Culture | March 18th, 2020

Wanderer Of The City: Homeless Artist Shares His Story

By: Cirsten Jones
Wanderer Of The City: Homeless Artist Shares His Story

Among the several homeless centers within the Big Bend region, The Kearney Center provides emergency shelter, basic necessities, and medical assistance services on a 24-hour basis. Since its founding in 2015, the center has sheltered the wandering souls of the city. Thousands of miles away from home, James Stevons’ journey has now drawn him to the steps of the shelter.

One missed bus trip back home landed him on the streets of Tallahassee and a new chapter of his story began.

In 1979, Stevons was traveling from Miami with his Army comrades in hopes to become a part of the Governor’s Mansion security task detail team. As buses were delayed due to a previous accident, all terminals leading out were halted. After the terminals reopened, Stevons’ team left him without notice, and his plan ended quite abruptly.

However, in the glint of fate, the awry plan led him to the love of his life.

 After spending years on a spiritual journey with his newfound love, soon turned wife, exploring different cities, states, and churches, his life felt finally stable for a while. Her passing led to the ending of his spiritual journey and the beginning of his trot down a narrow path.

Clinging to the lasting memories of his wife, he began working at homeless shelters and joined the National Coalition for the Homeless as an advocate.

Stevons’ health began to decline as he battled with diabetes, lung problems, and deteriorating bones that caused him his unemployment. With strict dietary restrictions due to his health, money thinned out. Although he served 32 years as a U.S. Army soldier, no amount of missions could have given Stevons the proper survival guide lesson to living on the streets that he received June 14, 2019.

“I stayed on the streets for almost a week,” Stevons said. “Until this young lady brought me here to the Kearney Center.”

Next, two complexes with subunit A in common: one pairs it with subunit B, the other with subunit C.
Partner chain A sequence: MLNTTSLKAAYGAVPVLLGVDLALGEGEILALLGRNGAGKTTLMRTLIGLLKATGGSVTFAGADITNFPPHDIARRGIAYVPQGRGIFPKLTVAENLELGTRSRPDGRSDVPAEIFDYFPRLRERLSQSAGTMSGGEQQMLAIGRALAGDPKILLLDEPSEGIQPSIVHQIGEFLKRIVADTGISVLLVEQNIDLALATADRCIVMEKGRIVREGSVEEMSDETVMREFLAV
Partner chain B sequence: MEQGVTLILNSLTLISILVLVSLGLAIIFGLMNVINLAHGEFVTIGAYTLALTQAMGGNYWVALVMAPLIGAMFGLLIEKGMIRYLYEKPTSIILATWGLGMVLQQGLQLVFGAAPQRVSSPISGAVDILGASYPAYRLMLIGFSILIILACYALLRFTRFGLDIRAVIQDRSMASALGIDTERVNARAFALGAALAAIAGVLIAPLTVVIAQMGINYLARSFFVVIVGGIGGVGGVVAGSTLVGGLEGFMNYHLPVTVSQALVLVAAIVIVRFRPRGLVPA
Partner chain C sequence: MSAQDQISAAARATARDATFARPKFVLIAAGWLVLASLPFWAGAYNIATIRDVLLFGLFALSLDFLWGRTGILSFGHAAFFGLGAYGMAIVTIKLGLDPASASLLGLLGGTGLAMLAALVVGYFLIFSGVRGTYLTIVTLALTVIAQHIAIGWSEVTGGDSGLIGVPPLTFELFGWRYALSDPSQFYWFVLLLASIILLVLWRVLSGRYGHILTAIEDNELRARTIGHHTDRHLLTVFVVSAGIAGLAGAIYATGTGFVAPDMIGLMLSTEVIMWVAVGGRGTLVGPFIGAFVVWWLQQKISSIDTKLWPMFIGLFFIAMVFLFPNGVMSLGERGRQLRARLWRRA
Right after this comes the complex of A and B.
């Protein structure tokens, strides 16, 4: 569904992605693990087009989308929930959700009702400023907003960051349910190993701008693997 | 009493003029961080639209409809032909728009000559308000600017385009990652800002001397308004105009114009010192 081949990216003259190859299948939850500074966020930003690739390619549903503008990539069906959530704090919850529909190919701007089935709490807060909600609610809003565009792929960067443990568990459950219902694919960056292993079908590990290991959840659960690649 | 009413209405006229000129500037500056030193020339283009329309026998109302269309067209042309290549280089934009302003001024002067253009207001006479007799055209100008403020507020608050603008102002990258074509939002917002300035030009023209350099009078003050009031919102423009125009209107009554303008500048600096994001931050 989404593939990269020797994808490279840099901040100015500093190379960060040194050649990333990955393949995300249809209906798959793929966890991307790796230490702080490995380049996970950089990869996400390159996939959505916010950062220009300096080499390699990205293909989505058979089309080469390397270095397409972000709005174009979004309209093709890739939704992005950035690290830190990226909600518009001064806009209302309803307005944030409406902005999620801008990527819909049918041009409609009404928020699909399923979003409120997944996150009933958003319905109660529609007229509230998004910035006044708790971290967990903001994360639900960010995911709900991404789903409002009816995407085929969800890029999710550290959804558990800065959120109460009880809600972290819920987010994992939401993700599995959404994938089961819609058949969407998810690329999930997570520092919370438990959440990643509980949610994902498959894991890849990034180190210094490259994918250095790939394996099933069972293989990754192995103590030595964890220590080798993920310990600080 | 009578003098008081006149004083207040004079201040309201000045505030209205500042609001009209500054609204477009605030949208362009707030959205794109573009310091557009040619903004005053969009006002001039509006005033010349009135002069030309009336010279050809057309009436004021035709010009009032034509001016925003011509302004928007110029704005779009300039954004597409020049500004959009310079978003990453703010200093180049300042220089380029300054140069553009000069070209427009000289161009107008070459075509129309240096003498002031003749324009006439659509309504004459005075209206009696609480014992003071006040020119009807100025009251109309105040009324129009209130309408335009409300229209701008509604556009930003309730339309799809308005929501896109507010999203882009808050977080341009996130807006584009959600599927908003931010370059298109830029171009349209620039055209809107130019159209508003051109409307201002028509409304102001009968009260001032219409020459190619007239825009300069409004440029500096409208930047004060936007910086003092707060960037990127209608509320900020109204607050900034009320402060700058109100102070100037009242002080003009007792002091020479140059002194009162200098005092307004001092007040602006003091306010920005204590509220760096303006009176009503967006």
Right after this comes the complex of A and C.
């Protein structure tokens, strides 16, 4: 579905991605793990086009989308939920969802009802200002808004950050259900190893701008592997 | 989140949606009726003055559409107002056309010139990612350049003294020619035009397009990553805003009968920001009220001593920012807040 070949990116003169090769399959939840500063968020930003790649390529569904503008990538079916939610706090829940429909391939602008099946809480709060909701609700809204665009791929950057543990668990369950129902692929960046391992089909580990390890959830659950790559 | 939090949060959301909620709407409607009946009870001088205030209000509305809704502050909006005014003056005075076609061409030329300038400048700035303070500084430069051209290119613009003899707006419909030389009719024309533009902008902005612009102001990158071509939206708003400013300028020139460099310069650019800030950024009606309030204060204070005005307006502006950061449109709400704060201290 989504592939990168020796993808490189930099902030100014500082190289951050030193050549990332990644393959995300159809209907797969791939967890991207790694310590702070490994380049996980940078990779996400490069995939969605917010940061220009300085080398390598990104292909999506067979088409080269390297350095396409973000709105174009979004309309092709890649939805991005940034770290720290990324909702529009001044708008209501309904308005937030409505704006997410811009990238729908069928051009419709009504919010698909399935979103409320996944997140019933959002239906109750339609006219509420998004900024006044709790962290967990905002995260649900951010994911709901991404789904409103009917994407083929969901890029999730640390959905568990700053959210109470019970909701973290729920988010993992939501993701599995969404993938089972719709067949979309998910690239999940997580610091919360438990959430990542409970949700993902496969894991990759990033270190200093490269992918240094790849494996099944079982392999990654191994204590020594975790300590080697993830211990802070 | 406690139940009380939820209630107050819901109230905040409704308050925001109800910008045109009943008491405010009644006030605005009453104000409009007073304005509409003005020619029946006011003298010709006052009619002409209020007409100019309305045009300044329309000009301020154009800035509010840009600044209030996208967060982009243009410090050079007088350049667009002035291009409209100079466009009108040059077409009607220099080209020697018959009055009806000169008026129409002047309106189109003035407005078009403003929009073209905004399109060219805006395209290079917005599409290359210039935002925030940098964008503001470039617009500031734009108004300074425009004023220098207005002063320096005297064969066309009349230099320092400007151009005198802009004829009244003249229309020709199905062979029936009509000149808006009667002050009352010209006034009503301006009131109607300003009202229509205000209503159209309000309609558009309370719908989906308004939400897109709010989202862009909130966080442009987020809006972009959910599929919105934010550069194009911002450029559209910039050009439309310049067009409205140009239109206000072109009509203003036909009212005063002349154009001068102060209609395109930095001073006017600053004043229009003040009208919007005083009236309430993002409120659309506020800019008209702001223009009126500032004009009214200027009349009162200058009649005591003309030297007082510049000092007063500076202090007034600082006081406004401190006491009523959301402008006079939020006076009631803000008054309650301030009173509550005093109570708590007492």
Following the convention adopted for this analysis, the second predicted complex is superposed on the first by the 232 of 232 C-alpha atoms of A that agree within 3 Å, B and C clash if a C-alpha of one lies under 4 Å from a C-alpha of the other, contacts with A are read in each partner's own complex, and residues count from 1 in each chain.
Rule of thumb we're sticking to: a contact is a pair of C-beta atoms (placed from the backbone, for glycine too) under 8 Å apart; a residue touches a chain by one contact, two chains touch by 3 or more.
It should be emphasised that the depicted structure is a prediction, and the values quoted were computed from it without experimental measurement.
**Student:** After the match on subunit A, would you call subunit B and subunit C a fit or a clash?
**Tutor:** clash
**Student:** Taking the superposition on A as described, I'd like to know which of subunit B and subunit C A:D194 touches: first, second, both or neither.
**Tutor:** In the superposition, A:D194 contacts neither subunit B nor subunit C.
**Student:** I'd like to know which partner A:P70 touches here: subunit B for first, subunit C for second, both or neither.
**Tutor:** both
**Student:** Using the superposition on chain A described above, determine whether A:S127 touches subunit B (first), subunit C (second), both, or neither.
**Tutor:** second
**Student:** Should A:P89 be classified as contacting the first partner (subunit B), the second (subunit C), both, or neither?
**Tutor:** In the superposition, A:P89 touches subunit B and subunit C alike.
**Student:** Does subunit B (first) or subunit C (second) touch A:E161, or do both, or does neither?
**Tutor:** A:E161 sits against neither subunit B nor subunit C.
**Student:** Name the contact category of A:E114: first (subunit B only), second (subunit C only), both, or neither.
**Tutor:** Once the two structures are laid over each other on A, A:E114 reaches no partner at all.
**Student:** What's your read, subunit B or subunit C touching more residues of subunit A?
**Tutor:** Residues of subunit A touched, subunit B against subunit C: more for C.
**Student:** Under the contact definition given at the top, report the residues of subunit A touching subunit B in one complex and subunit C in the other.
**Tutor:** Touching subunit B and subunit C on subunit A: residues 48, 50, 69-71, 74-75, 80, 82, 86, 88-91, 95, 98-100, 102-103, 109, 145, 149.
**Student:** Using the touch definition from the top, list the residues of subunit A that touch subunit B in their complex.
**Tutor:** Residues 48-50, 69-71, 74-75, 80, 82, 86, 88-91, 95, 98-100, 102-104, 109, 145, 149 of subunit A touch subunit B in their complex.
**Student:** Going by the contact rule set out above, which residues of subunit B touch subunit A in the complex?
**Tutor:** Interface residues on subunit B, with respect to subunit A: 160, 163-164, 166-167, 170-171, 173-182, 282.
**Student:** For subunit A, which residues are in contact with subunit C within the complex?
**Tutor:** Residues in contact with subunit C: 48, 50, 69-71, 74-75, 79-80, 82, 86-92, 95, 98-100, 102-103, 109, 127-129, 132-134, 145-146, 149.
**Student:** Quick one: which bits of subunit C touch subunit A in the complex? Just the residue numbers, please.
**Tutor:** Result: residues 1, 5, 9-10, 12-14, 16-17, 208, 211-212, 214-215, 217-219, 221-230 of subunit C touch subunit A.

As a child, Stevons learned Krio, the native tongue of Sierra Leone, as his first language. Growing up, his linguistic barrier was a hardship he had to battle, so his love of drawing blossomed as a means of self-expression.

“I had to draw my feelings because I had a problem learning English,” Stevons said. “To refrain from speaking my native tongue, I started drawing what I felt.”

After eight months and 13 days housed at The Kearney Center, his adolescent knack of drawing had finally resurfaced. Reminiscing of his wife, his art has become his road to serenity.

Most of all, through his artistic expression, he is uncovering the layers of who he is and he confesses that he remains “an angry black man.” With memories of being discharged from the Army on disorderly conduct for shooting his squad captain on the basis of self-respect still lingering, Stevons has realized that he guards himself immensely.

“I always keep a defense up,” Stevens said. “My defense is never down,” he said. “I’m on the edge, I am afraid of myself.”

Although Stevons presents a very forthright personality, the feeling of wanting to be wanted peeks through. For him, to be seen is to be heard and that is a feeling he longed for on the bleak roads of Tallahassee.

“I feel like an outcast,” Stevons said. “I have no one here to talk to.”

58-year-old, West Virginia native, Jules B, also living at the center chimes in on Stevons’ perspective on the unfairness the term “homeless” holds.

“I’m homeless but I shouldn’t be,” B said. “Yet, I look at the Kearney Center as a hand up and not a handout. It’s a situation that I know is not going to be permanent.”

For Jules B, to be labeled homeless is to be excluded from human compassion. The word home exudes a feeling of warmth that involves financial, emotional, and mental security, so being homeless feels as if all of that is frigidly stripped away from you.

Supervisor Keith Bythewood mentions the warmth The Kearney Center brings to every individual that steps foot into the building.

“Giving them that automatic comfort to know that they were not here to judge,” Bythewood said. “That’s our number one thing.”

Support is always needed, and The Kearney Center always has an open door.

Stevons has become the epitome of what it means to transform a twisted turn of events into a masterpiece. Expressing his life through his art, Stevon is on a personal venture filled with harmonious blend of undeniable strength and gratitude. One missed bus wasn’t the end of his story, but the start of a new one.